Dunbar’s Number is 150. That’s the number of people anthropologist Robin Dunbar claims we humans can maintain social relationships with based on our cognitive limits. Dunbar calculated that number from the ratio of the size of the human neocortex—the part of the brain responsible for higher thought function in mammals—to the size of the rest of our brain. That ratio predicts the size of lesser primate troops accurately. And as Malcolm Gladwell points out in the The Tipping Point, it does for us as well. 150 is about the size, give or take, of an average infantry company. It’s also about the size of any strategy team that I work with on any single strategy in the tech world. We can stretch that number with things like technology or social media, but 150 is a good baseline.
Dunbar’s number represents a biological component of the many mental models humans make consistently across our species. Beyond just the scale of our social interactions, you’ll find tremendous human consistency just about anywhere you find humans; the drive to learn to speak; the preference for direct family members over others; the pattern of reciprocal altruism (I treat you well if you treat me well); the need to follow rules; the craving for the recognition of status. We’ll die fighting for food before we starve. And we’ll do just about anything to avoid violent death.
Those are the human qualities that drive how we behave. The consistency across time and space tells us that our cultures, thousands of years in the making, are formed by geography, history and a nearly endless and uncertain list of factors. But they sit on top of remarkably consistent human building blocks. So it shouldn’t be surprising that some things are pretty consistent.
One of them is political development.
The development and collapse of states has a pretty consistent path. There is some ascendance of a centralized authority that consolidates power through conquest, defense, religion or economic development. That centralized authority then embarks on a long competition with population elites (nobility, the cortes, the Estates General, etc.) for control of resources and the legitimacy to defend the rule of law that the society agreed would be their basis for a defining purpose (religion, liberal humanism, communism). The unwashed masses matter, but only in as much as they can be used for one group to gain or hold power.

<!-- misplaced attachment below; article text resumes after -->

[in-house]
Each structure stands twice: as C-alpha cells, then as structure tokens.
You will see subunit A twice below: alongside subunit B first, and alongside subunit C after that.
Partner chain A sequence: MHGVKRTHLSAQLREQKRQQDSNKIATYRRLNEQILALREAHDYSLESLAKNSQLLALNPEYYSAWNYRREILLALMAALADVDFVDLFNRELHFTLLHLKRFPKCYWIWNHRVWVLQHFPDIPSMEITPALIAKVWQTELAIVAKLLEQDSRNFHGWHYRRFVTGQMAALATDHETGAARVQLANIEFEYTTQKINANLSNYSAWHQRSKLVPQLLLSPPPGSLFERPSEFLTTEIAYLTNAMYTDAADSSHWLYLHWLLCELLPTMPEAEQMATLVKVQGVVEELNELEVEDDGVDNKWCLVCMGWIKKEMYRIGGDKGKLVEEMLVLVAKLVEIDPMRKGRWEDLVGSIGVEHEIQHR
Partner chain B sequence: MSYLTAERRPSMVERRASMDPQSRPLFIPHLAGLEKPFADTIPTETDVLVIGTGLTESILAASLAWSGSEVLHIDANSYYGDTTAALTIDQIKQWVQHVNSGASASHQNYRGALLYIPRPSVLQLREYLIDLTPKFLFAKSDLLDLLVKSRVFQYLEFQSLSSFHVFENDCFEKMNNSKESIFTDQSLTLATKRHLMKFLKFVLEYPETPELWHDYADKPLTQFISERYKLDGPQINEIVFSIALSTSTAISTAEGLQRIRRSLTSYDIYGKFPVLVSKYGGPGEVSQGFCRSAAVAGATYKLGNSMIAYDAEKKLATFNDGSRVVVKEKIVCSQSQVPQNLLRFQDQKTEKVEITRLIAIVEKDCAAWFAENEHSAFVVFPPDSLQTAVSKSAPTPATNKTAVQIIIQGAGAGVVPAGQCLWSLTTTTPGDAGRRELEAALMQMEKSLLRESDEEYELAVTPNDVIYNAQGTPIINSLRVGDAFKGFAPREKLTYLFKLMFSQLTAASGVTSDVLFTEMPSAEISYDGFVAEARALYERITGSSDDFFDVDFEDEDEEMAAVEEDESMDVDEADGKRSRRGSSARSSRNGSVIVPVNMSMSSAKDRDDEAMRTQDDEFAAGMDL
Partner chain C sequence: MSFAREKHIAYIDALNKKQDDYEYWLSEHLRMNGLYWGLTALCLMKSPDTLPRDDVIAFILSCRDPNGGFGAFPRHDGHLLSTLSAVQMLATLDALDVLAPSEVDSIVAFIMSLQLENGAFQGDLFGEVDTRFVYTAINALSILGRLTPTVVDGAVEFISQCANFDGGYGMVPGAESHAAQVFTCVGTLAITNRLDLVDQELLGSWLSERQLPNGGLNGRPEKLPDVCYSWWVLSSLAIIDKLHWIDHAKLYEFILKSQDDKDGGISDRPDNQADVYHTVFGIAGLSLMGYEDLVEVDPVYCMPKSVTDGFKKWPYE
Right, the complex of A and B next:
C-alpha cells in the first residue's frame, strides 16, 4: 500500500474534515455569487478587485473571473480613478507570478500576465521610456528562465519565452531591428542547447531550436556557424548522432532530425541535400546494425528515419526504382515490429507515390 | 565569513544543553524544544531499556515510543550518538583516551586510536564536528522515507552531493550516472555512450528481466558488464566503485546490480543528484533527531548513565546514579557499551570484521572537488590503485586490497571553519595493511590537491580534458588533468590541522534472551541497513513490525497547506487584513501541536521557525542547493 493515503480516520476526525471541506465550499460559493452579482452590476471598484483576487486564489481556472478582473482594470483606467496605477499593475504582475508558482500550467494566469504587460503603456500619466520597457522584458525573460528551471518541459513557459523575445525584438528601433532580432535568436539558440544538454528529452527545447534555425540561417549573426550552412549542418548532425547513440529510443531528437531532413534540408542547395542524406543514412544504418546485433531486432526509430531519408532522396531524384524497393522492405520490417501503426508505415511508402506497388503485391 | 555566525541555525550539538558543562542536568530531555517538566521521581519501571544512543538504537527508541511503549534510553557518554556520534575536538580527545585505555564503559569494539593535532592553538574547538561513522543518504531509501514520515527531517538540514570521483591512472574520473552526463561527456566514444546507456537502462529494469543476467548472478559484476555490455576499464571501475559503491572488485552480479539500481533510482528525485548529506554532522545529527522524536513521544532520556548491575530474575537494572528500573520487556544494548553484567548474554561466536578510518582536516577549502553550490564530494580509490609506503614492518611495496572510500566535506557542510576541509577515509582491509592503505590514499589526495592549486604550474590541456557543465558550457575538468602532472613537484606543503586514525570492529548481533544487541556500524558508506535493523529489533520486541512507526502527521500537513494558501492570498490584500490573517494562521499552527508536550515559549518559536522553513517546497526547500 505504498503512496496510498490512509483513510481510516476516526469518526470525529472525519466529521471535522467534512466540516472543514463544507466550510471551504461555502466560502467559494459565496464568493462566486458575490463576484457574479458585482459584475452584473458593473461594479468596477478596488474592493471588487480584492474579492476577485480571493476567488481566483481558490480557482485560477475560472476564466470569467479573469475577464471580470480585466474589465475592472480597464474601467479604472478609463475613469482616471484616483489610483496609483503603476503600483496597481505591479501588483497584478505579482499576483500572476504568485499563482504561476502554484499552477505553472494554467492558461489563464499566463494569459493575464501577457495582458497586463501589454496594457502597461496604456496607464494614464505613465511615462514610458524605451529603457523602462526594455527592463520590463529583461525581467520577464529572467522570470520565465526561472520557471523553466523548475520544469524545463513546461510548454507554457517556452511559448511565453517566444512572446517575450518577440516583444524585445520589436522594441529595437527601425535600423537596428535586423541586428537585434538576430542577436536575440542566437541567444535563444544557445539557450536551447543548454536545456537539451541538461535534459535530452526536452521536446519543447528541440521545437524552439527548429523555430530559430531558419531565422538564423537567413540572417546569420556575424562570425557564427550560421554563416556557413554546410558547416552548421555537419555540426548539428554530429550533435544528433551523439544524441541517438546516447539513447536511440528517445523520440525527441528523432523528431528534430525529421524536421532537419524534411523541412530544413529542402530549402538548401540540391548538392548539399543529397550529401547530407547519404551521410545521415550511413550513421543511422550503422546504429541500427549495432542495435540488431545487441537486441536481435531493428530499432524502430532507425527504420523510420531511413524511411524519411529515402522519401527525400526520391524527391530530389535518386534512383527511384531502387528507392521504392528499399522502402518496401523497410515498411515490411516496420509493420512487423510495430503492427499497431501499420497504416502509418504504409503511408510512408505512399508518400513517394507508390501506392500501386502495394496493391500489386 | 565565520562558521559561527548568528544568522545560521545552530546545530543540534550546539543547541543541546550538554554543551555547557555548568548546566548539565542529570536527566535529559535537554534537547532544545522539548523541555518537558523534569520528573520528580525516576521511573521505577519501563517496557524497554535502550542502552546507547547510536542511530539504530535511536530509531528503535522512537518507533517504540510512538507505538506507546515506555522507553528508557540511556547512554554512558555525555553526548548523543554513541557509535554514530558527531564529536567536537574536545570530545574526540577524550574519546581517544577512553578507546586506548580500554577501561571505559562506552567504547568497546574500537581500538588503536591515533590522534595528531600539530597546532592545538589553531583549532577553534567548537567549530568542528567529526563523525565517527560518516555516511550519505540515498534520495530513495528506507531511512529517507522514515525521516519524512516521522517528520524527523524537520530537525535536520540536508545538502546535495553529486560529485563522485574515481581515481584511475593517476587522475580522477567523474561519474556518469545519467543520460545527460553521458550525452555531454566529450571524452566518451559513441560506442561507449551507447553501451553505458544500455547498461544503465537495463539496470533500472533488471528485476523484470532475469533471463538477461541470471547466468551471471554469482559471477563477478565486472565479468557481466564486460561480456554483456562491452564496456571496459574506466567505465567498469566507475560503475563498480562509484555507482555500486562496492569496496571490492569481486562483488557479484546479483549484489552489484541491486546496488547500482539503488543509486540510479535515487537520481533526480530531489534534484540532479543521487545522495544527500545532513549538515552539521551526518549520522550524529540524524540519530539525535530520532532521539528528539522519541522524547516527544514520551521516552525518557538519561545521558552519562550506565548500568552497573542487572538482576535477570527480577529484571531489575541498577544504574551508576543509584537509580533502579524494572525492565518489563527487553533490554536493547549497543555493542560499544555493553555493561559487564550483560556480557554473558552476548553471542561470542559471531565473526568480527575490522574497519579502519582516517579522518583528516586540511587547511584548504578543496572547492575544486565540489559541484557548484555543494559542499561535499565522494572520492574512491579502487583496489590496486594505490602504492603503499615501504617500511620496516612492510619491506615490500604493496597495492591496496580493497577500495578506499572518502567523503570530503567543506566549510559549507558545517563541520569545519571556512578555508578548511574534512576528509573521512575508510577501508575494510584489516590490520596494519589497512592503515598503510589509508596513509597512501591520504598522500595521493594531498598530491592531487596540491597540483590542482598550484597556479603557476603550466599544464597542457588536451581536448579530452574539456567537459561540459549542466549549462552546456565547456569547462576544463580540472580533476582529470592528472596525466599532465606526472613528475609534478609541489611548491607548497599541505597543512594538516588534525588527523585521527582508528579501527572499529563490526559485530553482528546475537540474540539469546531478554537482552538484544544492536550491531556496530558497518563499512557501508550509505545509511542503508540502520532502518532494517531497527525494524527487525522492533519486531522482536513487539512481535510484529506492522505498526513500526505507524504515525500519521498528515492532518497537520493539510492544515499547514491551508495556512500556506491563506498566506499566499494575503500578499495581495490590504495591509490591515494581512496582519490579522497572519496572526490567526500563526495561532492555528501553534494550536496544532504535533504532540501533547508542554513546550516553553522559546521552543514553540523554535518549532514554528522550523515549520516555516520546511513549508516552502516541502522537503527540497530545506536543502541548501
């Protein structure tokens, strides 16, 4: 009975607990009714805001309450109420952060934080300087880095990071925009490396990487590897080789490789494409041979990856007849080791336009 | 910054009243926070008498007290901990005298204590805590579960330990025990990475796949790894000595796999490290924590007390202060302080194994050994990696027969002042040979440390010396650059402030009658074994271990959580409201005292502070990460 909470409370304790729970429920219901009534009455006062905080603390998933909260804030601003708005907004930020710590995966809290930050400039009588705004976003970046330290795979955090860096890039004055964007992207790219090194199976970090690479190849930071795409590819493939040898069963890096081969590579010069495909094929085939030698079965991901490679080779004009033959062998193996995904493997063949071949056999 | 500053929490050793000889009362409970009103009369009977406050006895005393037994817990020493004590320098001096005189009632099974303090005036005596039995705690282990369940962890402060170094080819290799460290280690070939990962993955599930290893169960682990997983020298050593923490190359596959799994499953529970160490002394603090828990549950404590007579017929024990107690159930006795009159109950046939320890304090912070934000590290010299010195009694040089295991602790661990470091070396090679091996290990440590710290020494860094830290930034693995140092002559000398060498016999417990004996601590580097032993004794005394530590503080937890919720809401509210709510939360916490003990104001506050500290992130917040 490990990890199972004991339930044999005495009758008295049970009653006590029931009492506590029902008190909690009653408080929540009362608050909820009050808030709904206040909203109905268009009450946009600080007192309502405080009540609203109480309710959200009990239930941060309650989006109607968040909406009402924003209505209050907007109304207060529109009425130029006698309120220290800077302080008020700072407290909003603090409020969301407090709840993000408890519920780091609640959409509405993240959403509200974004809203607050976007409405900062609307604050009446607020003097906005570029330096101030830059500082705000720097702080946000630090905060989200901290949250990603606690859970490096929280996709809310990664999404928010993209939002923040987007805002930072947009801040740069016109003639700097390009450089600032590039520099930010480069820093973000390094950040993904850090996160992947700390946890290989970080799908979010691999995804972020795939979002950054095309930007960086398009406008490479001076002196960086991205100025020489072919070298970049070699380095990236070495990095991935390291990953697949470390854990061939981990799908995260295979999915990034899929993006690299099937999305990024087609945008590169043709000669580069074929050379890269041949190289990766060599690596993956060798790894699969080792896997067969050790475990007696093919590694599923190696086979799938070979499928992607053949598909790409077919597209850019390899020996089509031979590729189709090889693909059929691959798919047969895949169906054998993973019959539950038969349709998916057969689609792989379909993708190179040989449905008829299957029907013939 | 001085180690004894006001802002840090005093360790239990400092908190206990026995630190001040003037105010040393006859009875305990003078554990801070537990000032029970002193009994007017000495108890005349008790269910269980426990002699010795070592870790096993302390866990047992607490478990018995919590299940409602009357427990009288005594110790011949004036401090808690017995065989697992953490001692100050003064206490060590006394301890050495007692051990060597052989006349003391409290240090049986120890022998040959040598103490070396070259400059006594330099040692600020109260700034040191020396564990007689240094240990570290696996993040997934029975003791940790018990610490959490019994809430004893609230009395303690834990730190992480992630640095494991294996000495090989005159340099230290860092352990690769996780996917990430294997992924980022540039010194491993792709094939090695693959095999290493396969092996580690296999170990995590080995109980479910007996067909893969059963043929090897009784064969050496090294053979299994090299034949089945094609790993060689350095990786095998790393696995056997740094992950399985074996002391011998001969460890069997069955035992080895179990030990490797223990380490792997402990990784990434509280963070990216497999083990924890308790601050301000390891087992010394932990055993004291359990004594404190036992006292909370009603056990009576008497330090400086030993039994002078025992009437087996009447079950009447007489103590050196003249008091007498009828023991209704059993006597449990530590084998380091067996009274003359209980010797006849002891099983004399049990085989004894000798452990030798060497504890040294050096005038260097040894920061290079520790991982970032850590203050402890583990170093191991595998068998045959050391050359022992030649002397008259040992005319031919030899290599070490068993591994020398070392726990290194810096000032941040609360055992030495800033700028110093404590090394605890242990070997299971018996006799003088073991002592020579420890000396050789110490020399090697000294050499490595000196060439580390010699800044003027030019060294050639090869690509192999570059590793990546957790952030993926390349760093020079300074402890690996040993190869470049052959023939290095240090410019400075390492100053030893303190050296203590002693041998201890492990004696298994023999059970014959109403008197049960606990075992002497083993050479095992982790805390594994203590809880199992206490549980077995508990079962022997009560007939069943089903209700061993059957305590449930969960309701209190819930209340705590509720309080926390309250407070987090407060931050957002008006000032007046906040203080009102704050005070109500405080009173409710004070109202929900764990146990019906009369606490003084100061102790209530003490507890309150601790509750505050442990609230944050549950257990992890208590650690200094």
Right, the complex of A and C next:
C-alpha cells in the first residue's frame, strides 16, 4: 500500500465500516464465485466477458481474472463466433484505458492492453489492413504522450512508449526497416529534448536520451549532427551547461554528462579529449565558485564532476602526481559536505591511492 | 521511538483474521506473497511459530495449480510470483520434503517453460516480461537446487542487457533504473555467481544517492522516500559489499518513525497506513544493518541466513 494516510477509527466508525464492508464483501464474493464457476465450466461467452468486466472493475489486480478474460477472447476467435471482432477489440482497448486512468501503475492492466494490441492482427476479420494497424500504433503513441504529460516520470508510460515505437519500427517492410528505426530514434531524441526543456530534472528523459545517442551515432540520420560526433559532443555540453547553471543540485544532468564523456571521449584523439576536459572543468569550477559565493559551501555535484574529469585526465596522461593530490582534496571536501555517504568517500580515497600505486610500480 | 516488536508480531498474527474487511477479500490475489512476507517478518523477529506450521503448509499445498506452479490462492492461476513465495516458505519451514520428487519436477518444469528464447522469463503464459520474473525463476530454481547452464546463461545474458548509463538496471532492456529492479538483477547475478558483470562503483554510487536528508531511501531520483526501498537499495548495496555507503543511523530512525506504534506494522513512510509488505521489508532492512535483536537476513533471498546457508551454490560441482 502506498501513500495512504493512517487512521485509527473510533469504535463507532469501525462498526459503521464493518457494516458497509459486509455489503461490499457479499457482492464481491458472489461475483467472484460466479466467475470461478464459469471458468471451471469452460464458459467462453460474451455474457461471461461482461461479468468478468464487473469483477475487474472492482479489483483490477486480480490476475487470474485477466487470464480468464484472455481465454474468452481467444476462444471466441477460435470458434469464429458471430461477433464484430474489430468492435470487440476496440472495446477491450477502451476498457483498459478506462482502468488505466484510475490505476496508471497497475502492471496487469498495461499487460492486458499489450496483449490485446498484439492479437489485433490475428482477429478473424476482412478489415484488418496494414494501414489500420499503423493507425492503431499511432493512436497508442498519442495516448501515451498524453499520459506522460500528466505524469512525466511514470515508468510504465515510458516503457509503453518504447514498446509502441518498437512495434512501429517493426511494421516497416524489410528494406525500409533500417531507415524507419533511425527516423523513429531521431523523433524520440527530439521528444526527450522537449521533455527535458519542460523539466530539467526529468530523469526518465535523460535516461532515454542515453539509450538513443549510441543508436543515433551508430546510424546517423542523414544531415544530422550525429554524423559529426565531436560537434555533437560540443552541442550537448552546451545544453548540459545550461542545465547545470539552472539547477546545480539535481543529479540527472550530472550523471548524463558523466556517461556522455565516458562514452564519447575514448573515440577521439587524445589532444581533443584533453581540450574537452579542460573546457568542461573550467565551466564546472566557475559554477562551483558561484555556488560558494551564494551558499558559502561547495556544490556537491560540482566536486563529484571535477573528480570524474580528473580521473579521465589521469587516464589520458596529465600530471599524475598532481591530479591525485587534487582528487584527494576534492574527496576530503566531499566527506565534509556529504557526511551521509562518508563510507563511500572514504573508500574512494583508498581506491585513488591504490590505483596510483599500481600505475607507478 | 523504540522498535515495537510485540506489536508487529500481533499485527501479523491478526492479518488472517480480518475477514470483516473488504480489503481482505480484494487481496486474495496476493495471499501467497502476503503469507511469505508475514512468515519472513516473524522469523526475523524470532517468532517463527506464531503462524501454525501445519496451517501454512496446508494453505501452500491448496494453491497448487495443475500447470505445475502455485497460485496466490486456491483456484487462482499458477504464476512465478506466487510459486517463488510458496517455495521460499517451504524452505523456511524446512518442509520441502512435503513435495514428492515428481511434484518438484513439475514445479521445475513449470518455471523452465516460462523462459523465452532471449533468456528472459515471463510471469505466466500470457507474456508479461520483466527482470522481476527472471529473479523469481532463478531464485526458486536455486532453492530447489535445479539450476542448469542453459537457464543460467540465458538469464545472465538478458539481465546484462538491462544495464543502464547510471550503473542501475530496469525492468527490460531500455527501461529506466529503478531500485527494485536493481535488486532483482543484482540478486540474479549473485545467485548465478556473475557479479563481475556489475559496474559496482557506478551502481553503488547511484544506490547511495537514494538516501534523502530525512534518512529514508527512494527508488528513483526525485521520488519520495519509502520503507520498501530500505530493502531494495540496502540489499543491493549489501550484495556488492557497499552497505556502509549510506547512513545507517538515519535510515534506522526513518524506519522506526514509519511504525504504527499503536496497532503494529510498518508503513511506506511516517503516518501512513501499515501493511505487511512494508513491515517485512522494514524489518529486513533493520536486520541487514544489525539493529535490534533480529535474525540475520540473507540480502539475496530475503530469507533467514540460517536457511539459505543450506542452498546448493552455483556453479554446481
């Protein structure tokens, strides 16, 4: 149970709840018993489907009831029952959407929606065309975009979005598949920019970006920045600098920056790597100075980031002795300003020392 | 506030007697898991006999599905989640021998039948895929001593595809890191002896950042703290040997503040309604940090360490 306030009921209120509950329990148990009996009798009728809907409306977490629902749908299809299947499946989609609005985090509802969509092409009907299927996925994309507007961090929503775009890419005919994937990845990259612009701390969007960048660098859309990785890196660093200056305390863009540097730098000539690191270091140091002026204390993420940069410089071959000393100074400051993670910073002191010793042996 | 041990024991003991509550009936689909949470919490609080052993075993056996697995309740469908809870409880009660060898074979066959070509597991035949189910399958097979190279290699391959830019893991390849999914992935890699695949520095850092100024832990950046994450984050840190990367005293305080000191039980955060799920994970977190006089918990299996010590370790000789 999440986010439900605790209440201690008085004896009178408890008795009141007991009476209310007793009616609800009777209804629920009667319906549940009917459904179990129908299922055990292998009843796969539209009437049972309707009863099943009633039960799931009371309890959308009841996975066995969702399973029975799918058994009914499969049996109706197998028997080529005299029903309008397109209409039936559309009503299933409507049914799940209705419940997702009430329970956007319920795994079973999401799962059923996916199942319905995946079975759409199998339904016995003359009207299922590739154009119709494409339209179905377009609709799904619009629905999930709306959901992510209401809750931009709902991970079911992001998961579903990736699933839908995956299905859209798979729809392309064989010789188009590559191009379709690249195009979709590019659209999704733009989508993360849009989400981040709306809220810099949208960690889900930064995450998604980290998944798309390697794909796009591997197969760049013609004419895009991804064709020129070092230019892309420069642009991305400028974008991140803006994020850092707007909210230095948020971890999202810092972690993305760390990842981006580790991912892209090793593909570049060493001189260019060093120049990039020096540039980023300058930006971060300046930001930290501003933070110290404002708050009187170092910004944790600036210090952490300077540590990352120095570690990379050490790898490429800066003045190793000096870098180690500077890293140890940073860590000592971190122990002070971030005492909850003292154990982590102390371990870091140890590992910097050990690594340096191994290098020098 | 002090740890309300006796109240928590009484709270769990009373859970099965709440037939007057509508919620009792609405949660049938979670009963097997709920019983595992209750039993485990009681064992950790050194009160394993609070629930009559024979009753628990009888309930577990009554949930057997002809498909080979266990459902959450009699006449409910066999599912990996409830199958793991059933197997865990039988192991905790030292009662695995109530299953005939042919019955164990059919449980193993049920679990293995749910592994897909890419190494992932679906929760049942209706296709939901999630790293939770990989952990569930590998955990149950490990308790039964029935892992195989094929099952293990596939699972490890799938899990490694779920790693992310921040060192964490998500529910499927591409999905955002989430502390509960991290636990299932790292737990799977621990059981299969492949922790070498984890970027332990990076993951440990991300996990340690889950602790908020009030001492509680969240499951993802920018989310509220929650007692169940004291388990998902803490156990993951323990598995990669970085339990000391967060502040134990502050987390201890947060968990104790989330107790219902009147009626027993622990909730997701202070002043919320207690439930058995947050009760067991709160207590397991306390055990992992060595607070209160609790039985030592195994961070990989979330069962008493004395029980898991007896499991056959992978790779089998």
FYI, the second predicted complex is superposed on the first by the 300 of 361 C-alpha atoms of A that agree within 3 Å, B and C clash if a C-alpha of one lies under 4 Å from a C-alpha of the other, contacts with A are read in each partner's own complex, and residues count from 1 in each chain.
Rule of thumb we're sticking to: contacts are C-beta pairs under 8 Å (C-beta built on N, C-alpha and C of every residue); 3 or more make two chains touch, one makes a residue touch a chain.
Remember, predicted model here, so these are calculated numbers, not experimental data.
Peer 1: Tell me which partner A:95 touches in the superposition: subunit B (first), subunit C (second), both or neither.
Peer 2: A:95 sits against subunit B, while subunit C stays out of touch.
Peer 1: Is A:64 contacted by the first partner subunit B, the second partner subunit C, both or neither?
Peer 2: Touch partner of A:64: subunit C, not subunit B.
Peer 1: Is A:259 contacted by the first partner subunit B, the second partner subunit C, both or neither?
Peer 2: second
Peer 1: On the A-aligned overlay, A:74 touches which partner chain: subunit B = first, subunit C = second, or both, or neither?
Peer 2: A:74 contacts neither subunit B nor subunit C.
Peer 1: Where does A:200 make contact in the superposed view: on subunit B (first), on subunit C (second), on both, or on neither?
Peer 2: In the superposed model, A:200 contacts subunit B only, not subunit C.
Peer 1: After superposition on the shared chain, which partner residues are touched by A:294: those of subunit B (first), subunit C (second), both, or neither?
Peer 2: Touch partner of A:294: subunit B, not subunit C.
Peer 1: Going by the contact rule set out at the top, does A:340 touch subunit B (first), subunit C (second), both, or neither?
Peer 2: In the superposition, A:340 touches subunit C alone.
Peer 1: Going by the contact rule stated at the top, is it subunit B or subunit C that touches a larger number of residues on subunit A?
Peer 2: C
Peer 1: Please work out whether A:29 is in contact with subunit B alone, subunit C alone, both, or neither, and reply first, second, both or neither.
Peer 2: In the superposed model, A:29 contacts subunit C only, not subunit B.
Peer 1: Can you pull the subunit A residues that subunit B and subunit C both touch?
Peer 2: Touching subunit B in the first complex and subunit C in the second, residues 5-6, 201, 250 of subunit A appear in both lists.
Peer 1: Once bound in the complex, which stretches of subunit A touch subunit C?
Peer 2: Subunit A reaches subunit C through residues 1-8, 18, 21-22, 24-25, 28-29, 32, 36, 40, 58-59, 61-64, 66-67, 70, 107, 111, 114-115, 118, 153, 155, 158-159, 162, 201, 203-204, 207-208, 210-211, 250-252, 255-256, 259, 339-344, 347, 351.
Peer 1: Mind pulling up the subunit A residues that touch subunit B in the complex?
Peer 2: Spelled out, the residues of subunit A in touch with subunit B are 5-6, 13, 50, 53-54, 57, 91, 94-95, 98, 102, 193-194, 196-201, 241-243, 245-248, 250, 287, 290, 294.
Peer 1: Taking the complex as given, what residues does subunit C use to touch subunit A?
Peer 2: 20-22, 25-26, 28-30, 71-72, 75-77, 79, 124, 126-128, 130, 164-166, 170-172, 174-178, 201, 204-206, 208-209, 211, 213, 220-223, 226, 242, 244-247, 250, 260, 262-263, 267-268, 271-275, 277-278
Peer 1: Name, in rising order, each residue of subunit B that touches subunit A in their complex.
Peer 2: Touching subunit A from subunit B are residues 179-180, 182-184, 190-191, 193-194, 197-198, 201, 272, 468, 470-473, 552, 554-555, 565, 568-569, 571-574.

The innovation of democracy has added additional accountability to the mix and has proven to make it a more effective process…so far.
The eventual collapse of a state results from that productive tension degrading into the delegitimizing of the central authority, a purge of the elites or a state crippling stalemate between the two. This description is accurately vague enough to hold up to just about every major civilization in history.
Here are some things that don’t happen within the confines of the human pattern of political order:
We don’t purge the elites and live happily ever after without eventually just making new elites.
We don’t neuter the central government and live in glorious safe liberty, free from the “evils” of regulation.
We don’t crush the masses in service to either elites or government without the elite citizenry or the central authority using the plight of the common man to beat down the other.
To be fair, it’s a tremendous over simplification of complex institutions, behavior and events to describe the origins of political order and decay in 400 words. It took Fukuyama 1,600 hundred pages and two volumes. The abbreviated version isn’t wrong though. And it serves the purpose to highlight three points:
1-Man has never been free from the cumbersome meddling of government. Anyone telling you that unfettered liberty is our natural state is selling you something. Most likely themselves as worthy to participate in the government they believe is the root of all evil.
2-The government is neither good nor bad. It simply is. It is a consistent part of the human experience from the moment we upright apes needed to engage with more than 150 other upright apes.
3-Governing is a more useful word than government. Because it can be good or bad. Bad isn’t just tyranny. Bad just as often is atrophy because we’ve delegitimized everything—the state, the elite, the press and other institutions that represent the normative laws we’ve made over thousands of years of practice.
Which brings me to a troubling question. If the productive conflict of political order is a struggle for power and resources between the central authority and the elite citizenry, and the central authority is now run entirely by the elite citizenry running on a platform of further reducing central authority, have we already, in a sense, collapsed?
What would you need to see to believe otherwise?
Solving hard problems like healthcare, tax reform or wise choices on which wars to enter into?
It doesn’t sound like it, but I’m an optimist. I have more questions than answers these days though. So I’m all ears.